RNA Nano-Constructions for Cell Detection and Drug Delivery
BACKGROUND: RNA has been previously demonstrated to assemble into nanoparticles of various shapes and sizes. These nanoparticles are able to carry various non-RNA components, including molecules for specific cell recognition, image detection and therapeutic treatment, making them ideal drug delivery particles. Engineered RNA nanoparticles have been used to target and attack hepatitis B virus, as well as enabling apoptosis in cancer cells.
DESCRIPTION: Researchers at UCSB have developed novel RNA nano-constructions that are assembled with circular RNA nanoparticles or filaments of various sizes through non-covalent loop-loop (kissing loop) interactions. These constructions take advantage of the fundamental structure of RNA to stabilize and constrain the resulting assembly. The possibility of incorporating aptamers within nanorings can add stimuli-responsiveness and/or shape-shifting functionality to the designed RNA assemblies. Further, the nanorings can be designed to self-assemble into more complex nano-constructions such as nanoarrays, nanocages, and nanotubes. Moreover, these nanoparticles can also be designed to include siRNAs for therapeutic gene treatment, and meet the size requirements for drug delivery vehicles. They can also be designed to respond to environmental cues for biological and biomedical applications.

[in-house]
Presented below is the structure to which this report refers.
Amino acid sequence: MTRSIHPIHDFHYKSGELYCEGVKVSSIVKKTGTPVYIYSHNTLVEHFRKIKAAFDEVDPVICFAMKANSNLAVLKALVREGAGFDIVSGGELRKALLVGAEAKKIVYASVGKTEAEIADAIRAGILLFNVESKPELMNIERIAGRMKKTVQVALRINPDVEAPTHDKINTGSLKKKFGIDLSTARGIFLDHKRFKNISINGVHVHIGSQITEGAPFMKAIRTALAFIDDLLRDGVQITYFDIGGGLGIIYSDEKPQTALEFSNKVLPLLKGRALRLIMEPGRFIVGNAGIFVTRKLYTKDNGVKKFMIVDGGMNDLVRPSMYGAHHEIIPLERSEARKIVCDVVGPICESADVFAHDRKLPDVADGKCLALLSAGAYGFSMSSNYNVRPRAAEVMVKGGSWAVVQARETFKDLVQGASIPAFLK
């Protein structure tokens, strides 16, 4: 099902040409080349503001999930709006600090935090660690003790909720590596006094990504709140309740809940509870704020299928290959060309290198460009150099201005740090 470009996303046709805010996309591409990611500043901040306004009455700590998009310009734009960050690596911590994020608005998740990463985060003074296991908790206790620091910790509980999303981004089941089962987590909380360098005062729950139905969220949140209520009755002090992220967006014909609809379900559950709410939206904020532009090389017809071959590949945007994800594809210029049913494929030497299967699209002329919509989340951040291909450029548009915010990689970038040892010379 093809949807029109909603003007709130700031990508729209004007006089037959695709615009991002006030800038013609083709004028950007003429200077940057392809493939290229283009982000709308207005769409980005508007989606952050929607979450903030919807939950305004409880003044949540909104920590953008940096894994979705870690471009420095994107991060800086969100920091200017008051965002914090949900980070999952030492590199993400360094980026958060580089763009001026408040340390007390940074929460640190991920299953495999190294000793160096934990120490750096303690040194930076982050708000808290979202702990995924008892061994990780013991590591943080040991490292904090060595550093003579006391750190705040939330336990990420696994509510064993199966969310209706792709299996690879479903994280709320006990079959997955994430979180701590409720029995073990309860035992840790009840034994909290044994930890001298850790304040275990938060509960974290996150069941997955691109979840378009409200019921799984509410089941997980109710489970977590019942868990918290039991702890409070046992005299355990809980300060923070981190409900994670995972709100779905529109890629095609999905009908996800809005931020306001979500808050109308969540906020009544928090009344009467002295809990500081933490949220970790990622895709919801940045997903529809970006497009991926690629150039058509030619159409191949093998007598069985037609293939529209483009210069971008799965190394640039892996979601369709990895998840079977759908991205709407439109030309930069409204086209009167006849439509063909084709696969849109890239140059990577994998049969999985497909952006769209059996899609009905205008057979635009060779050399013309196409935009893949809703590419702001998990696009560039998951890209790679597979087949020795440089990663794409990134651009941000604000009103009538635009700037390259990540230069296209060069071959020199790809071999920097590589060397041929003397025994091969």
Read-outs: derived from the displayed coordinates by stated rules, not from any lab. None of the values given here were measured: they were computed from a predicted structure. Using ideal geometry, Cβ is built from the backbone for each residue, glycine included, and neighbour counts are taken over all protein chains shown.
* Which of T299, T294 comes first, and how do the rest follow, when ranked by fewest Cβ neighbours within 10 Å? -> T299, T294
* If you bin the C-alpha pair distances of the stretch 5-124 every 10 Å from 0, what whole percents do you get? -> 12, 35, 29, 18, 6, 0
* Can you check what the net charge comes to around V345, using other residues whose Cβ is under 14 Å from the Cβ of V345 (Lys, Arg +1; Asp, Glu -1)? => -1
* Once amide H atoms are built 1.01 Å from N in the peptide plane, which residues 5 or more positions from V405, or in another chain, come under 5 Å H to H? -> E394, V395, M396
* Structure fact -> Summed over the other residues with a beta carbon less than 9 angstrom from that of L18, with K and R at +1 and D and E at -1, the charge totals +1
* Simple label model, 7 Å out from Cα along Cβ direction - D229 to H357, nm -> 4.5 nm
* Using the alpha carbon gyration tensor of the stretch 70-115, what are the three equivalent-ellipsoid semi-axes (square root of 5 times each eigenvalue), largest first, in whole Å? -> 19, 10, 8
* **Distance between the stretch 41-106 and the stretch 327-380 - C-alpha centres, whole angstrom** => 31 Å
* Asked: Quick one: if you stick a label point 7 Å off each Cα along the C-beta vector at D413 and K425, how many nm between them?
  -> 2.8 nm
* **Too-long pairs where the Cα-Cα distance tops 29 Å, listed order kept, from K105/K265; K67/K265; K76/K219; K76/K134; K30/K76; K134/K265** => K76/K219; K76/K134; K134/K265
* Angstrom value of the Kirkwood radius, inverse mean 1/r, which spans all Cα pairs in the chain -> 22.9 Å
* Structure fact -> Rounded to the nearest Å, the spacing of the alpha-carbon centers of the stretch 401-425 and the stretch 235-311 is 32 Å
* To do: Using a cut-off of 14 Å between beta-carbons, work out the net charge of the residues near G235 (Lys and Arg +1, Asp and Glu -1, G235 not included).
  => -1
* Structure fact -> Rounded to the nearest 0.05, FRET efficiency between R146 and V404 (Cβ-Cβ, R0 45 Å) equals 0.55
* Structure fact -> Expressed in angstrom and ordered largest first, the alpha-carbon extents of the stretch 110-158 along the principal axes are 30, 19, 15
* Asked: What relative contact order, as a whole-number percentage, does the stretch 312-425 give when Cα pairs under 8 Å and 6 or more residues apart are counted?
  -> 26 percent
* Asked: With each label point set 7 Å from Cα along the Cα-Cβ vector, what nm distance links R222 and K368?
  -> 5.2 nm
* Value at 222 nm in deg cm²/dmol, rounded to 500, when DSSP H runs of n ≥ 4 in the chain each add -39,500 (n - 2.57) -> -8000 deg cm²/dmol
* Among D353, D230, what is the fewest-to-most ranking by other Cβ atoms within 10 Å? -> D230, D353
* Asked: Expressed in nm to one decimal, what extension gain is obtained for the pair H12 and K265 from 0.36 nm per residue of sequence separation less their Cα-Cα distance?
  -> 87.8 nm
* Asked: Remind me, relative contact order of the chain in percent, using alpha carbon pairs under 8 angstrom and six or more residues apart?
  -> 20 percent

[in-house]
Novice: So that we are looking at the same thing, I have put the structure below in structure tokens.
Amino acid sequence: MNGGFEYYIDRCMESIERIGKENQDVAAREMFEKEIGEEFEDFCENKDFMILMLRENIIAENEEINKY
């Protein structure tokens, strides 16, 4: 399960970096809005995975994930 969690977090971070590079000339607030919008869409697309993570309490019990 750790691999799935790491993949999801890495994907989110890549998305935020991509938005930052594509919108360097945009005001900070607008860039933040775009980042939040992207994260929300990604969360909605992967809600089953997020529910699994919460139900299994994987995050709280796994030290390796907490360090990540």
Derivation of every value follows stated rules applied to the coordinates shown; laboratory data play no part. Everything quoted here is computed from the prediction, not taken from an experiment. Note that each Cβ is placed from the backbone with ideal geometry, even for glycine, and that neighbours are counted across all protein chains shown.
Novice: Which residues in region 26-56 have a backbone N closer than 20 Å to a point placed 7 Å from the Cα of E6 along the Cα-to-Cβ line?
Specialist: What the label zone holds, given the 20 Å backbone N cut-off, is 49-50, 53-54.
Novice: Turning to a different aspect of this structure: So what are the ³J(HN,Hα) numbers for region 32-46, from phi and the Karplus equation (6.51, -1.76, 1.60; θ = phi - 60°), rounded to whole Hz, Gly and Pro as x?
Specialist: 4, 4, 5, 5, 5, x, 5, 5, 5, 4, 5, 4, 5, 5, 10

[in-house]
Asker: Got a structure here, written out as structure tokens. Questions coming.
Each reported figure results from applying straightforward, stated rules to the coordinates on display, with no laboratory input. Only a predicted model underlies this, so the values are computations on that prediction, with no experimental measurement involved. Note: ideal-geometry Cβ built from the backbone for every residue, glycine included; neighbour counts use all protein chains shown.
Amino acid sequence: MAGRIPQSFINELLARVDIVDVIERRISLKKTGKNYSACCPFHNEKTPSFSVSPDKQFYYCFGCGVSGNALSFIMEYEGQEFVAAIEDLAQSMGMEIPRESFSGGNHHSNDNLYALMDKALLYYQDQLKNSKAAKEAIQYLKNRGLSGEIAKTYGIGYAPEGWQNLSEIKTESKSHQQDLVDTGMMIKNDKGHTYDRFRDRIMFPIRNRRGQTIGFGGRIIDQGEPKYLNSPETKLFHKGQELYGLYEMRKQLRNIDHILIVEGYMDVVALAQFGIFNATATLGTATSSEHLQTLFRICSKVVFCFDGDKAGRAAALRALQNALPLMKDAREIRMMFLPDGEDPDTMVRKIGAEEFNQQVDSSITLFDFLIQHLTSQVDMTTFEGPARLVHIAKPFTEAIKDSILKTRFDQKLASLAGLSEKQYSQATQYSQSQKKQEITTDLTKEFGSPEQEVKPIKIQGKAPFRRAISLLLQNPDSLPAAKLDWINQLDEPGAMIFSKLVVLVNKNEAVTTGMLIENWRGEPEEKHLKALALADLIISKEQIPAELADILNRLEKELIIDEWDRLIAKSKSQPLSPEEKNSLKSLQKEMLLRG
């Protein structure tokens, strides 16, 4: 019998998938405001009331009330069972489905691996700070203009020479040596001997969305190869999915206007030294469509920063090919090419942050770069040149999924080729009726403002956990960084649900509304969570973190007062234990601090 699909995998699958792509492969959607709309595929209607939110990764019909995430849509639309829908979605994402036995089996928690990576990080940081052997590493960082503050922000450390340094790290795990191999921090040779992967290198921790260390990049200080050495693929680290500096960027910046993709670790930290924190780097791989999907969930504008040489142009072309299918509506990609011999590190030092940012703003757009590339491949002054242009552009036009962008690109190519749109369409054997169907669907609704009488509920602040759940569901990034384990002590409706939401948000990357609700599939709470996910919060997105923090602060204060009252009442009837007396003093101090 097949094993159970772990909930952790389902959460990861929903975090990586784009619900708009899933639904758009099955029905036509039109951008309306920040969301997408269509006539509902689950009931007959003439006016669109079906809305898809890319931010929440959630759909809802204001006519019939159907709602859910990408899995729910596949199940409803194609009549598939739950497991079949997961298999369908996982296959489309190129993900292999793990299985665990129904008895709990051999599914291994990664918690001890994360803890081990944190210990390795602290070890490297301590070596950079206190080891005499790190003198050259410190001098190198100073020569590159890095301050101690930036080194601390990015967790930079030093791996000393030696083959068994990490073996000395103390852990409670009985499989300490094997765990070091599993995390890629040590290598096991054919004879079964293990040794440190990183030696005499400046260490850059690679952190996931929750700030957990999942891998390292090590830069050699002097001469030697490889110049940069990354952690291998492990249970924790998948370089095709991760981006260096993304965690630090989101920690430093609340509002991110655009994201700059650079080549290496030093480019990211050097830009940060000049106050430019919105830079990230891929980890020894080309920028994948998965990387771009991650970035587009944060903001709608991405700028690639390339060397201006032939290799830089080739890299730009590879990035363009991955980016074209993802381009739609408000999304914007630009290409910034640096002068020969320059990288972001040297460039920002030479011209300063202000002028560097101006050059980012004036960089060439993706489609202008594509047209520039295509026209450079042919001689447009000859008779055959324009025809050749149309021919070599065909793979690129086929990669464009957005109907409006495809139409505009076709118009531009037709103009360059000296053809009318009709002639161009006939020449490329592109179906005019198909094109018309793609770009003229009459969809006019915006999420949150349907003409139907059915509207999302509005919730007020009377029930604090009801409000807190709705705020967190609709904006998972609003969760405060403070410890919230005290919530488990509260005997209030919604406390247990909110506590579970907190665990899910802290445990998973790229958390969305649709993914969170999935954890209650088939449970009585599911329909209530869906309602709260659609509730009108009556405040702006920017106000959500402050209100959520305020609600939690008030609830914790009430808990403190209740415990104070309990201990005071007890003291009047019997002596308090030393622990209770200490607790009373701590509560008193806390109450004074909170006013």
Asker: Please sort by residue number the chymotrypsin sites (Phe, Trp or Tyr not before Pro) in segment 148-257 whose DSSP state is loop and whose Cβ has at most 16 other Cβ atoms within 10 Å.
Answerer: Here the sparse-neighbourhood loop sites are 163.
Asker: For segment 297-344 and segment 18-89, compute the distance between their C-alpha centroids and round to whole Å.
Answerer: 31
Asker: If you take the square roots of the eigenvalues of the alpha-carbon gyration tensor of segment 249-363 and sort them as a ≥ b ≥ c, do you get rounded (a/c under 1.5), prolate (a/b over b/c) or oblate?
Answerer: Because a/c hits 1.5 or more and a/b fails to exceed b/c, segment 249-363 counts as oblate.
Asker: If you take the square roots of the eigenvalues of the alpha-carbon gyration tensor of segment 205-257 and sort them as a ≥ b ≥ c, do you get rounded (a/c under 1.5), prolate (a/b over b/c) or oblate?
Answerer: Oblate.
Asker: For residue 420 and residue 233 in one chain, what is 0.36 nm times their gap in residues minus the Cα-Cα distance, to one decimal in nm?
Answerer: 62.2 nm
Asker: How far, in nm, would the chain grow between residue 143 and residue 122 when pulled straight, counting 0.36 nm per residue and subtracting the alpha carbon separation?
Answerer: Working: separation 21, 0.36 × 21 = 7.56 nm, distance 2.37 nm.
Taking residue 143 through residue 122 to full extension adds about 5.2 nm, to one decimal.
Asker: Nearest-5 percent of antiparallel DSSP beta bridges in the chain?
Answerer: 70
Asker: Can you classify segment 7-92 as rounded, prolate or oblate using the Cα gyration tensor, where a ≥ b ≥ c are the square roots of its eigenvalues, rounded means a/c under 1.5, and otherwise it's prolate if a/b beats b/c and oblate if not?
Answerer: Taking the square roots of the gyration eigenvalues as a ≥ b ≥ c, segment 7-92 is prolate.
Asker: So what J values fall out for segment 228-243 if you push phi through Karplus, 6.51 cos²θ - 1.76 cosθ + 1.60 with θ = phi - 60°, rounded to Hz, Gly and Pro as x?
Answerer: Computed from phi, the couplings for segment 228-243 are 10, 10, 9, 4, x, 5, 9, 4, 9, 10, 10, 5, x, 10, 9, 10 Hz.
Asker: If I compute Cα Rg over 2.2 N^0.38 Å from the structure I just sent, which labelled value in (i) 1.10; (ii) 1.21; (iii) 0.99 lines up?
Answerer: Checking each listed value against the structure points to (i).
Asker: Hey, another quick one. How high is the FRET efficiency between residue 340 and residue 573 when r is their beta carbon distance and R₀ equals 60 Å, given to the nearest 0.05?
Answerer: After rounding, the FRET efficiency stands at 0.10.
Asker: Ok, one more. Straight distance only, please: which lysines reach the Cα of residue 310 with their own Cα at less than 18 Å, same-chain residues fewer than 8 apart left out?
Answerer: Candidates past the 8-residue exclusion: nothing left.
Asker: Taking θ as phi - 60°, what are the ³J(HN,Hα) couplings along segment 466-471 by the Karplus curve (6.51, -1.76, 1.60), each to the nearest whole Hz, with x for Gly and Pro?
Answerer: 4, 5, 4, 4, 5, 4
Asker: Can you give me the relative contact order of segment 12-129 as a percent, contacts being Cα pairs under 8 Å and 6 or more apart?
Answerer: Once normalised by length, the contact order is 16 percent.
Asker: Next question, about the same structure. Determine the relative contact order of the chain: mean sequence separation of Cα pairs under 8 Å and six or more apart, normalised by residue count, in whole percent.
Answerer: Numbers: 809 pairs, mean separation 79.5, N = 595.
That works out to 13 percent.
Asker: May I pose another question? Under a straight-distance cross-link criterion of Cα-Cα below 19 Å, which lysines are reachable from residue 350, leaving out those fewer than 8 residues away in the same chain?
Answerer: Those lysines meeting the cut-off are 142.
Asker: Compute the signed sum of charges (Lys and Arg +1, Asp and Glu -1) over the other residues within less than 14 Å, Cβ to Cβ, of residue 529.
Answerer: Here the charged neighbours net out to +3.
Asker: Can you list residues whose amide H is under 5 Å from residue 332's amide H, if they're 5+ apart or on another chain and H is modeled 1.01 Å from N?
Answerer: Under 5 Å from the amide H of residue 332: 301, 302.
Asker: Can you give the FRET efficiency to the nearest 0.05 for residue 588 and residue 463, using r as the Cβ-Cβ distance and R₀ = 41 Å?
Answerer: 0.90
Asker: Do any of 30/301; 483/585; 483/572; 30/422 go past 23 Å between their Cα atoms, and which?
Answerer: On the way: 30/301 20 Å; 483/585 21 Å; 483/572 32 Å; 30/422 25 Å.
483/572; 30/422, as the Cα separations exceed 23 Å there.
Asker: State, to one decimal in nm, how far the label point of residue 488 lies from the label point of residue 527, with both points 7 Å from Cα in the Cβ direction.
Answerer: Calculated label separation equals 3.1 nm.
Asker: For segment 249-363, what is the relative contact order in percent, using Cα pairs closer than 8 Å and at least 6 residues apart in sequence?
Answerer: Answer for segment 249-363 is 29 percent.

ADVANTAGES: This novel fault tolerance technique is vastly superior to existing EDC solutions, which suffer from high cost and fail to provide adequate levels of resilience. The invention has the following important advantages:
* Ideal size for drug delivery
* Can be functionalized for controlled targeting and efficient attachment of drugs
* Modulable function
* Low toxicity
* Targeted drug delivery
* Gene therapy
* Cell growth surfaces
* Medical implants
* Advanced biological and biomedical testing
STAGE OF DEVELOPMENT:
This invention is an experimental stage. In vitro testing has proven quite successful. However, further experimentation in vivo is pending NIH approval.
Type of Offer:
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